Garda Commissioner Nóirín O’Sullivan is fighting for her survival, again, writes Cormac O’Keefe.
This time, Jim O’Callaghan is her challenger and he has thrown down the gauntlet.
The commissioner shouldn’t be surprised, given the scale of the revelations on Thursday, the lack of explanations provided by her officers, and her absence from the events.
The fact that Fianna Fáil’s justice spokesman has now withheld expressing confidence in the commissioner is a body blow.
She has received many heavy hits, not least the protected disclosure allegations of the former Garda press officer David Taylor, claiming she knew of an alleged campaign to blacken the reputation of Sergeant Maurice McCabe.
Amidst rumblings as to her position, she came out fighting, completely rejecting the claims.
She laid down a clear marker that she was not going anywhere of her own volition and that others would have to remove her.
The commissioner was almost KO’d last February with the intervention of the Policing Authority chair Josephine Feehily on the Sean O’Rourke radio show when she declared she had “a degree of confidence” in the commissioner.
The authority has repeatedly expressed serious concern at the ability of the commissioner to both run the organisation and deal with the Charleton inquiry and has sought reassurances she can do so.
Last month came revelations in the Irish Examiner that lawyers for Sgt McCabe had written to the Tánaiste Frances Fitzgerald calling for the commissioner to be removed pending the outcome of the Disclosure Tribunal.
It subsequently emerged, again in the Irish Examiner, that Supt Taylor had received a letter saying the authorities were reviewing disciplinary proceedings against him on a separate matter.
But the Taoiseach and Tánaiste have insisted throughout this period that the commissioner not only strongly rejected the smear allegations but she was entitled to fair procedures and the right to defend her name at the Charleton inquiry.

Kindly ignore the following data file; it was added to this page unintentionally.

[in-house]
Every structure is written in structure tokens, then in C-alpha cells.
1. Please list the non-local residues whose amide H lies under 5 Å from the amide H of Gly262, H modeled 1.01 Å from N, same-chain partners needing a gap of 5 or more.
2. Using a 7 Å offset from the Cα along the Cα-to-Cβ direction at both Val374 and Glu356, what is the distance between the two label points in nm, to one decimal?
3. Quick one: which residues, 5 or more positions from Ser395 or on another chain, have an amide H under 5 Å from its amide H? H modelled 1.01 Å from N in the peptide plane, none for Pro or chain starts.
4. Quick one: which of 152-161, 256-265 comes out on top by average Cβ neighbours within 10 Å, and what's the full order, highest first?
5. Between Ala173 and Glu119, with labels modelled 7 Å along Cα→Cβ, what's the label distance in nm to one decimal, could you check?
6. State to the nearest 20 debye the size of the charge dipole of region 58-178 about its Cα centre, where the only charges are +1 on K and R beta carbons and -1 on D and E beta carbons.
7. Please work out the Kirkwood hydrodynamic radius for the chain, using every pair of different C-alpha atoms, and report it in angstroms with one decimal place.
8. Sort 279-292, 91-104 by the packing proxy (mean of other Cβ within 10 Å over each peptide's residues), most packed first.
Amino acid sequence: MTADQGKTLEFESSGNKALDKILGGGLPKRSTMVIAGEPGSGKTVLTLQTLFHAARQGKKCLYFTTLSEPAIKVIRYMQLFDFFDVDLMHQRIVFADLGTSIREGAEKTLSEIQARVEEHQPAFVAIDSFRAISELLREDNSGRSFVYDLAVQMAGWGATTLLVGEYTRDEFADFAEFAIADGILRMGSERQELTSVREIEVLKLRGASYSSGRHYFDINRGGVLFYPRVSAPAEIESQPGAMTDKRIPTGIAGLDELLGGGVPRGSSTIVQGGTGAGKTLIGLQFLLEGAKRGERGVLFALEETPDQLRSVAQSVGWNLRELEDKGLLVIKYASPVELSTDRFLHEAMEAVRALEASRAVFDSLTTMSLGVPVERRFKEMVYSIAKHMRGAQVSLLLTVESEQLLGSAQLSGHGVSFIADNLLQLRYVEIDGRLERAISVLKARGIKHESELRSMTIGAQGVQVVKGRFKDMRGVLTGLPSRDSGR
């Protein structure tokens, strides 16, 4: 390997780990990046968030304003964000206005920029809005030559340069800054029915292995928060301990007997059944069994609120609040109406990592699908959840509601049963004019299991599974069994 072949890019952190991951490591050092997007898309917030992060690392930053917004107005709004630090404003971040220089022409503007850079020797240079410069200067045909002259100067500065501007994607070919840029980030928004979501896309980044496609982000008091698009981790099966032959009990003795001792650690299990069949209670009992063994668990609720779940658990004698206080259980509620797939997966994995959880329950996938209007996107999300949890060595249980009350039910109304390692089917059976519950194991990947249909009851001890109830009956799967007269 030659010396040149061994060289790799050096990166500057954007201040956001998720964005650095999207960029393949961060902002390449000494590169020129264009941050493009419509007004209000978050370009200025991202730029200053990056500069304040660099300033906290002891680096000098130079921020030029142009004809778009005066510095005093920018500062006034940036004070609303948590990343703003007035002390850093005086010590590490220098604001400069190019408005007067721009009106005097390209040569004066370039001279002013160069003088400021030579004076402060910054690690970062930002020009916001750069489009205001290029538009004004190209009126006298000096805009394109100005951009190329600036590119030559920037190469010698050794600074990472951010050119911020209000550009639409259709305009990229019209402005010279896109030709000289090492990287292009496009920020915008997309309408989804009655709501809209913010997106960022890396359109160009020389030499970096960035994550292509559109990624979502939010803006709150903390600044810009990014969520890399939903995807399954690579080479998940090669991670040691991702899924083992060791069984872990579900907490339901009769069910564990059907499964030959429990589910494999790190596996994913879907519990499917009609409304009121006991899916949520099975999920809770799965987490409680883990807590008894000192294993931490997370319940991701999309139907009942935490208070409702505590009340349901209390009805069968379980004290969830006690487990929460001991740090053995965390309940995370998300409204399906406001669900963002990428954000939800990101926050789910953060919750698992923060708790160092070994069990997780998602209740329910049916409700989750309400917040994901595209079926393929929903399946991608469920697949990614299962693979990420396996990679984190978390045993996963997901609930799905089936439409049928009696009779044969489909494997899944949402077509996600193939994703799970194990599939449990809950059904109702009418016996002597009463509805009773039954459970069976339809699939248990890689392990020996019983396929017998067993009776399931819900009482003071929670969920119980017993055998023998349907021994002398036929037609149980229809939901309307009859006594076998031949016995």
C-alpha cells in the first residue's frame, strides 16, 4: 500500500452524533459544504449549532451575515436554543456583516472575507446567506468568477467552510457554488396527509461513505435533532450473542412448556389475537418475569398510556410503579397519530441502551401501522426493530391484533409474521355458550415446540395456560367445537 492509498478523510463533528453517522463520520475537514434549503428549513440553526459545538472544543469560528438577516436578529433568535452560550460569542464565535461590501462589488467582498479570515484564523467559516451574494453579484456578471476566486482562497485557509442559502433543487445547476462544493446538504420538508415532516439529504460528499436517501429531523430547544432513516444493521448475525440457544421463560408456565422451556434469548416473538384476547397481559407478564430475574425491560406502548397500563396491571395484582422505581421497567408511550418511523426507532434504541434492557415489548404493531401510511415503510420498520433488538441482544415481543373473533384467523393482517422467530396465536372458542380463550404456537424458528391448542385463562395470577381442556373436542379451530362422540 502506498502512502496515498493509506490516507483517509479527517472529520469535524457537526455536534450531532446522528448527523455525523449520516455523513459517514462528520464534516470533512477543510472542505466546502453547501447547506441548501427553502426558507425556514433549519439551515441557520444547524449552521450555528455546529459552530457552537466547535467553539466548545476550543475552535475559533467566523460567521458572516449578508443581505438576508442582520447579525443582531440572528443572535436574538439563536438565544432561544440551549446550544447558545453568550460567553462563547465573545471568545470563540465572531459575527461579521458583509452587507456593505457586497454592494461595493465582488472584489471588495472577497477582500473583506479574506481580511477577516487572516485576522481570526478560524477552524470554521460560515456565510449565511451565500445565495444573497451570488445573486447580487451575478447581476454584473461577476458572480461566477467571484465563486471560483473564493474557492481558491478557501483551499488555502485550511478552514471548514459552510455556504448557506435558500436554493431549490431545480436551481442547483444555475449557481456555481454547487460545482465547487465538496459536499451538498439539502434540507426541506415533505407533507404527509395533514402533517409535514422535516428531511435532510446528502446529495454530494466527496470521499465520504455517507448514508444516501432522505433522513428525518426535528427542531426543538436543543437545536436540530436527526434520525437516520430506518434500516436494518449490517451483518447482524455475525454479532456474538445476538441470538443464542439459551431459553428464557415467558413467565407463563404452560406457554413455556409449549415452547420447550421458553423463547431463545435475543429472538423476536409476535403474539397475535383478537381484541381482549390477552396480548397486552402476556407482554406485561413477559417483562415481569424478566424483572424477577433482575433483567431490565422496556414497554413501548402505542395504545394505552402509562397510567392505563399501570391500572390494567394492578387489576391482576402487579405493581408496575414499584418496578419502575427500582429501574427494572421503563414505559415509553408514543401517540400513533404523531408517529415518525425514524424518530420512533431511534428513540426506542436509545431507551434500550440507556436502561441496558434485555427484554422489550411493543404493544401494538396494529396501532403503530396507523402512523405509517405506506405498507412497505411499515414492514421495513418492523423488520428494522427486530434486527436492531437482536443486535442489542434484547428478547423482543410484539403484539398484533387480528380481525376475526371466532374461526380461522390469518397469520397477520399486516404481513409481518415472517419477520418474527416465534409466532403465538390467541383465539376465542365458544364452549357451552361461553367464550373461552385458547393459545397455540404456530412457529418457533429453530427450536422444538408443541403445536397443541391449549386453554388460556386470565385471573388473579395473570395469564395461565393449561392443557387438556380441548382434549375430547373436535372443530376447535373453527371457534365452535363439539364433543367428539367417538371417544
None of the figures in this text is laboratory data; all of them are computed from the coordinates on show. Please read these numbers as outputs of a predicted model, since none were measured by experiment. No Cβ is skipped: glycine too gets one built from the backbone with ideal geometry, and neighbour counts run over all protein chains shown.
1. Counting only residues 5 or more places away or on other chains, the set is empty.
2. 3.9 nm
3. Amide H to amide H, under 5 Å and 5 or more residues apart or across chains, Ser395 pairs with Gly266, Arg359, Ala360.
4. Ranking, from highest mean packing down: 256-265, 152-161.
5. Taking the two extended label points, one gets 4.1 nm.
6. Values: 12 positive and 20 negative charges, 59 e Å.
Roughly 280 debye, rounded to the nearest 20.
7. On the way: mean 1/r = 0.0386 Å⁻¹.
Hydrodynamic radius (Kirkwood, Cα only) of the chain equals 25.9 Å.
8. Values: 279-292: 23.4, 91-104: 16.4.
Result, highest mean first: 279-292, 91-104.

Then on Thursday, the day after the London terror attack and the day of the funeral of Martin McGuinness, came revelations staggering in scale and impact.
At a press conference, senior traffic officers revealed almost half of the two million breath tests recorded by gardaí over a five-year period did not actually happen.
Separately, some 14,700 drivers had been wrongly convicted of road traffic offences with the resultant fines and penalty points, as well as higher insurance premiums and possible job repercussions.
The State will have to shoulder major financial expense and legal costs in rectifying the matter.
Assistant Commissioner Michael Finn, head of Roads Policing, led the briefing and, despite his efforts, failed to impress as to why almost one million breath tests that never happened were recorded.
He was repeatedly asked ‘were they made up by gardaí?’ but could not answer the question.
Despite the scale of the scandal, the absence of the commissioner was noteworthy.
Then, yesterday morning, the measured Deputy O’Callaghan entered the fray.
The Dublin Bay South TD said he was “extremely concerned” the revelations were disclosed on a ‘very busy news day’.
He said it was “not acceptable” the gardaí did not explain how the errors occurred and who was responsible.
Pressed on his confidence in the commissioner, he said yesterday: “I don’t have confidence in how gardaí are handling this problem and somebody would want to take control of it.”
He delivered an ultimatum: “I will not have confidence in An Garda Síochána and the commissioner unless we get a complete and adequate explanation into these two crucially important issues and we don’t need lengthy investigations.
“I need an explanation and the public needs an explanation as to how these errors arose.”
The ball is in the commissioner’s court.
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